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I'm glad I resurrected this thread. I read the entire treatise, and I must admit, I had never heard of this alloy.

Now, some years back my wife bought a Boa, and the original Rc was 69. She had some conchoidal fracture on the Bevel, and the polishing took some time.

Kershaw came out with a 'version 2,' same knife but an Rc of around 60. I don't think even that worked, because I have not seen the same knife for sale.

Great post! Very informative.
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Old 10-24-2019, 10:49 PM   #10
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More Learning...

Still playing with the Maxamet. Ken Schwartz is putting together two stones that he tells me will cut through high-vandadium steel. It takes a while to get them shipped to me. So in the meantime...

I sharpened the knife again with my standard payload of stones, strops, and sharp juice. The resulting edge was fine, but not awe inspiring. I could tell that my stones don't cut the Maxamet well, and I think they were just pushing around the metal, and not cutting it.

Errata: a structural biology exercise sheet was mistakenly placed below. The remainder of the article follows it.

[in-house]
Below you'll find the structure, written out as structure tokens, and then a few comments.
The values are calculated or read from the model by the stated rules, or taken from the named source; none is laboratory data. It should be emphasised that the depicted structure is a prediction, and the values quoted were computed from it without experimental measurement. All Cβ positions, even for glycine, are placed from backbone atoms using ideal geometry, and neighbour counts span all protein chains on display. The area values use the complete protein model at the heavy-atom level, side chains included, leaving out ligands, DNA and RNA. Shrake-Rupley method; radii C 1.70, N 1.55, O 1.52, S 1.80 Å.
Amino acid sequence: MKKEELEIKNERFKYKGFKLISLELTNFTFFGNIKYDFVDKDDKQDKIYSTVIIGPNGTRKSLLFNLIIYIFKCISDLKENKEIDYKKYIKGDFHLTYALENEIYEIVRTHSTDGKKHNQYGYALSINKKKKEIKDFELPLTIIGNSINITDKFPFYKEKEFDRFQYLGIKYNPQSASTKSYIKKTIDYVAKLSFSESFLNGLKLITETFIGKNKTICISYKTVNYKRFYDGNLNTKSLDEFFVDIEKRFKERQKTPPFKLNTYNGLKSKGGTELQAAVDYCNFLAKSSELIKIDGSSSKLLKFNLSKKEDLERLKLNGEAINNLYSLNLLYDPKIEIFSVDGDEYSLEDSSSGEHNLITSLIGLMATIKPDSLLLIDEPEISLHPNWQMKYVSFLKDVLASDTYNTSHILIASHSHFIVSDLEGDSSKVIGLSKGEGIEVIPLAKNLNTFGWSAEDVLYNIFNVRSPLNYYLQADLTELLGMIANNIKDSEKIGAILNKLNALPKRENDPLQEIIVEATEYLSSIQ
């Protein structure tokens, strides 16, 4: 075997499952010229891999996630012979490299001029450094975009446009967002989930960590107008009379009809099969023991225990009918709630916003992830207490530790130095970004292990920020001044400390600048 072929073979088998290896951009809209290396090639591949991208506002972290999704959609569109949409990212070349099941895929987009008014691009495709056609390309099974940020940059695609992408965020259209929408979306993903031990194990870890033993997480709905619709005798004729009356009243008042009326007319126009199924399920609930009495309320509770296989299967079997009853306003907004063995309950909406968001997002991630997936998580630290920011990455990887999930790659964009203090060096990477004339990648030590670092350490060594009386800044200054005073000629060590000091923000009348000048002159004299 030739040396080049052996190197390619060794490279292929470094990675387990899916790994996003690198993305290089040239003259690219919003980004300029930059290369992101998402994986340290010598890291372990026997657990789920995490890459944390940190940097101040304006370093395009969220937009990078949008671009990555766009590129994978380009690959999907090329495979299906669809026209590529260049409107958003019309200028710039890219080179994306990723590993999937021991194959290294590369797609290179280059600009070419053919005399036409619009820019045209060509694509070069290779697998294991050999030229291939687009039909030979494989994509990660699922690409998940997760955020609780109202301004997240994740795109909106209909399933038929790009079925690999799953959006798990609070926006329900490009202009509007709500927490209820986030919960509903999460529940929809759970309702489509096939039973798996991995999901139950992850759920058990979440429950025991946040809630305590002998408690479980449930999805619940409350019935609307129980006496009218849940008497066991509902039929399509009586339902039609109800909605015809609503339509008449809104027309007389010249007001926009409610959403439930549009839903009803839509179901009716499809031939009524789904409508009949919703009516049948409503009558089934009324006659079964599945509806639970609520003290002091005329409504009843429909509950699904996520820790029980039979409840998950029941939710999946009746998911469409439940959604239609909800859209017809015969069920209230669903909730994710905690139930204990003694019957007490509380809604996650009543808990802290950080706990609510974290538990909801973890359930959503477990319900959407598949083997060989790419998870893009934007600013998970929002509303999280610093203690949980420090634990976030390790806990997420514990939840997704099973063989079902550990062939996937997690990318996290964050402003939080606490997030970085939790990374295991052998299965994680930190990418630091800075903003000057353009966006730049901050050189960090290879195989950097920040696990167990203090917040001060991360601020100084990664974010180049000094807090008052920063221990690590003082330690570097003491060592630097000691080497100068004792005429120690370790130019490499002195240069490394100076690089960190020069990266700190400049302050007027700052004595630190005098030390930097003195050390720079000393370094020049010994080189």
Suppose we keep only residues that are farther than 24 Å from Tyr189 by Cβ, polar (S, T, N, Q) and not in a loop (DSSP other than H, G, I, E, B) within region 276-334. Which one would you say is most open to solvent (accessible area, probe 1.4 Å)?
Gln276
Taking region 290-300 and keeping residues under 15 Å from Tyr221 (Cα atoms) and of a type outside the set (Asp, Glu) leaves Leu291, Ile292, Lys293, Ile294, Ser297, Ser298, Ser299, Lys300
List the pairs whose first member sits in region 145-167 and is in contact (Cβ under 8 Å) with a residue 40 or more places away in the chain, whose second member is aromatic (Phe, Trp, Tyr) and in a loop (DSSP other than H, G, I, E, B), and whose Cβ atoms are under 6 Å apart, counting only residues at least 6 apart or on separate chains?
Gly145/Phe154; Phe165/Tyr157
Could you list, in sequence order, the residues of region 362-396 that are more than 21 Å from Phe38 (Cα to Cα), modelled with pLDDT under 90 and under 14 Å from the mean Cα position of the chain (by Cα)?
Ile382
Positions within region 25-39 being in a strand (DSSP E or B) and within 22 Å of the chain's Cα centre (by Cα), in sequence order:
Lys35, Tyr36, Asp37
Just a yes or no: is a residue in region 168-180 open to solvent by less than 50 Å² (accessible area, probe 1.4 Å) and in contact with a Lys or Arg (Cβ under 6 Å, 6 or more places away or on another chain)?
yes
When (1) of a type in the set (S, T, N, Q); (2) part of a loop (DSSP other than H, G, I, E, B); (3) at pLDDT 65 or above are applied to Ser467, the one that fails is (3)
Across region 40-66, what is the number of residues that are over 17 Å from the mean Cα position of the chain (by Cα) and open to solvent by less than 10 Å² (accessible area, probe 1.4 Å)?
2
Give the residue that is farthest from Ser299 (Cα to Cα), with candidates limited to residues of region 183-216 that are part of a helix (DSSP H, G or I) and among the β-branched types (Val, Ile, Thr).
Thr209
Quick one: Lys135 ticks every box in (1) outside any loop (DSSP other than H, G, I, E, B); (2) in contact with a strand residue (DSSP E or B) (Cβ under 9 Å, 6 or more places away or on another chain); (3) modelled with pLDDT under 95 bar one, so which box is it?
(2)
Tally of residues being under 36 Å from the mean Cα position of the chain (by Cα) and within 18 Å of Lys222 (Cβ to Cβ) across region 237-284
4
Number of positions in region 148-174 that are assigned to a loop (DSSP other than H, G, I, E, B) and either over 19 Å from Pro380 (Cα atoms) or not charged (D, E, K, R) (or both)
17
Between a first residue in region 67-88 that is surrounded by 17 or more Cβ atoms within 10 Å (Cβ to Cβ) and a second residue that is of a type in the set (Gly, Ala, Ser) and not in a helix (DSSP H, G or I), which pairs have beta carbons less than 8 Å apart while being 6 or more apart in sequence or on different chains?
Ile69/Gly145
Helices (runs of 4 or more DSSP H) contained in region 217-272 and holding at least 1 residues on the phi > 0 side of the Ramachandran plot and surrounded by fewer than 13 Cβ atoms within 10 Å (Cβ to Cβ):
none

So tonight I gave it another shot. This time I just touched up the edge with some cheap 1000 grit diamond plates from Chefknivestogo. They're very crude, from what I've been told. Their performance supports that. The finished edge was moderately sharp, but looked VERY rugged under magnification. That's consistent with my first experiments.

I looked at another blade that I finished with 40μ diamond paste on kangaroo leather. Now 40μ is pretty darned big, I think around 300 grit. But the finish that the 40μ paste leaves is much smaller, more consistent, and far prettier than the finish left by the 1000 grit stones. Why is that? I don't know.

So I stropped the edge with the 40μ diamonds, and the resulting edge was both sharp and pretty. So if that works, how about hitting it with some 1μ and 0.25μ CBN emulsion? Why not? It seemed like a good idea.

So I did just that, and edge turned out VERY nice. In fact, I got it to whittle a couple hairs. That's when you rub a hair against the edge and shave off a section lengthwise. I've never done that before.

So what's the takeaway?
1. Maxamet can be taken to a polished edge.
2. Some steels don't respond to normal stones. Diamond or CBN is needed.
3. You can make a big jump to finer diamonds or CBN and get good results.

Now that I know how to get a good edge on the blade, I can focus on how well the edge holds up after prolonged use.